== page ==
offers a locus for considering the relationship between word and image. While John Wilton-Ely has argued that this key’s appearance “serves to minimalize human identity in the gesturing figure placed in front of it” (37), the key and the reclining man are also equalized in their shared act of gesturing, of pointing either to the monument or to the key. Within the text-image composites of Piranesi’s annotated views, this image additionally foregrounds a different combination of visual experience and linguistic utterance. Here, a man who points with his finger reclines in front of and in fact interrupts a key that itself points, with annotations, to the monument. In this doubling of pointing gestures, both bodily and verbal, the immensity of the pyramid combines with the specificity of the key’s contents—both the pyramid’s physical features and its built environment, details of archaeological rediscovery and restoration. Jeanne Zarucchi has called attention to the titles of each of the Views of Rome, observing that Piranesi’s “views of” and “other views of” key monuments often suggest different visual and cultural perspectives of the same structure. Perhaps the title of this image, which does not, like the majority of the views, include the word “veduta,” can be seen in a new way. In light of the emphatic markers of the pointing figure in the foreground of the key, this image need not be titled a “view of” the Pyramid of Caius Cestius but might instead, by virtue of its emphatic gestures, aspire to a near equivalence with the monument itself.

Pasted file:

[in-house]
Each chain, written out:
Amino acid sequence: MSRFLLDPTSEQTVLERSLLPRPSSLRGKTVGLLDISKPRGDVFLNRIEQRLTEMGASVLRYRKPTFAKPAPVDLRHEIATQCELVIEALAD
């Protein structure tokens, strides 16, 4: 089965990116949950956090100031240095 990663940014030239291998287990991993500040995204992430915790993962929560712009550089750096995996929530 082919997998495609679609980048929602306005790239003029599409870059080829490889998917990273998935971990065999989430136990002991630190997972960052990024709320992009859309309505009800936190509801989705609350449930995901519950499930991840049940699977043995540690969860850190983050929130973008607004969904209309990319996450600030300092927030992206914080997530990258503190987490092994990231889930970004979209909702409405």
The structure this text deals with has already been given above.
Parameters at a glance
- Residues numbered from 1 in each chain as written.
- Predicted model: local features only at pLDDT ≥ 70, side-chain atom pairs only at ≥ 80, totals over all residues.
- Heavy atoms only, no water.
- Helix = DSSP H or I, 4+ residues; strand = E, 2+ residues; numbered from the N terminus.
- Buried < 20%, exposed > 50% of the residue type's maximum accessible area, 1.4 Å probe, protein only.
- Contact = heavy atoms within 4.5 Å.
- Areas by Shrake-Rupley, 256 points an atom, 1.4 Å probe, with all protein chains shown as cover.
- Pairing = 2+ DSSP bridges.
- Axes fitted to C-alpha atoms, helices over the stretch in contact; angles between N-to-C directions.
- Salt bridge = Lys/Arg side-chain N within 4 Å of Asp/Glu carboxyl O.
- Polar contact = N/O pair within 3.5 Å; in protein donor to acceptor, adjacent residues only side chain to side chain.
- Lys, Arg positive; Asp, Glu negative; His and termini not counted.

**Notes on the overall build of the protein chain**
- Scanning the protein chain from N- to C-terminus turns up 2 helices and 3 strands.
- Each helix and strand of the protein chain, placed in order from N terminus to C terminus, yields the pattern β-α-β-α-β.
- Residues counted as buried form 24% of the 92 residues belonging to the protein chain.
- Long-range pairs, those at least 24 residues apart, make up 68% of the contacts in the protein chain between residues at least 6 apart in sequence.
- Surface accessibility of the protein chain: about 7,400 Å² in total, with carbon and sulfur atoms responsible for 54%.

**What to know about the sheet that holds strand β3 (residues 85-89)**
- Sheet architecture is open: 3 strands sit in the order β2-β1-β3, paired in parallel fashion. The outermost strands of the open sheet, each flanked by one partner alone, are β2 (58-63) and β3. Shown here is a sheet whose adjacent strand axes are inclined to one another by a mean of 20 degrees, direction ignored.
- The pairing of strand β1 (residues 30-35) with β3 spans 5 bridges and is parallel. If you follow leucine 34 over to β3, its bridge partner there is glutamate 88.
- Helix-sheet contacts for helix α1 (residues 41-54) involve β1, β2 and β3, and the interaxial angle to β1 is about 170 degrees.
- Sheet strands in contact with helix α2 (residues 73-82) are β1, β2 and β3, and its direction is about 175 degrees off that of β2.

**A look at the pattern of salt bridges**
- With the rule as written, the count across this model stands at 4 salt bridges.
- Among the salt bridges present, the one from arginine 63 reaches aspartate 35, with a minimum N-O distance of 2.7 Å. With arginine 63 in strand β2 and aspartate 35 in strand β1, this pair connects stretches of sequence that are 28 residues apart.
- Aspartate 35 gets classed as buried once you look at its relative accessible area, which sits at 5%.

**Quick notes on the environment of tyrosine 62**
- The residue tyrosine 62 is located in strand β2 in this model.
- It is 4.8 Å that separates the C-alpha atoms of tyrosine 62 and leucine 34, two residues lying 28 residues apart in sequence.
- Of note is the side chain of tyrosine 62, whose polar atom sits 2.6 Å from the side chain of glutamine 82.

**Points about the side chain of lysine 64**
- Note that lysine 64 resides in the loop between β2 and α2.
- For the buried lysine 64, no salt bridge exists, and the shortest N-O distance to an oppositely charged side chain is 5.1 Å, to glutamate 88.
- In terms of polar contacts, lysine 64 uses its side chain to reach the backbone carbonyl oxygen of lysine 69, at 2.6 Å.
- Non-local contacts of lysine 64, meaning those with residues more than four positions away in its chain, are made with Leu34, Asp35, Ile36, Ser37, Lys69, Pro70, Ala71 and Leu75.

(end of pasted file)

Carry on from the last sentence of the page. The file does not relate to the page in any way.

To see this image in Vedute di Roma, vol 17 of Piranesi's Opere, click here.
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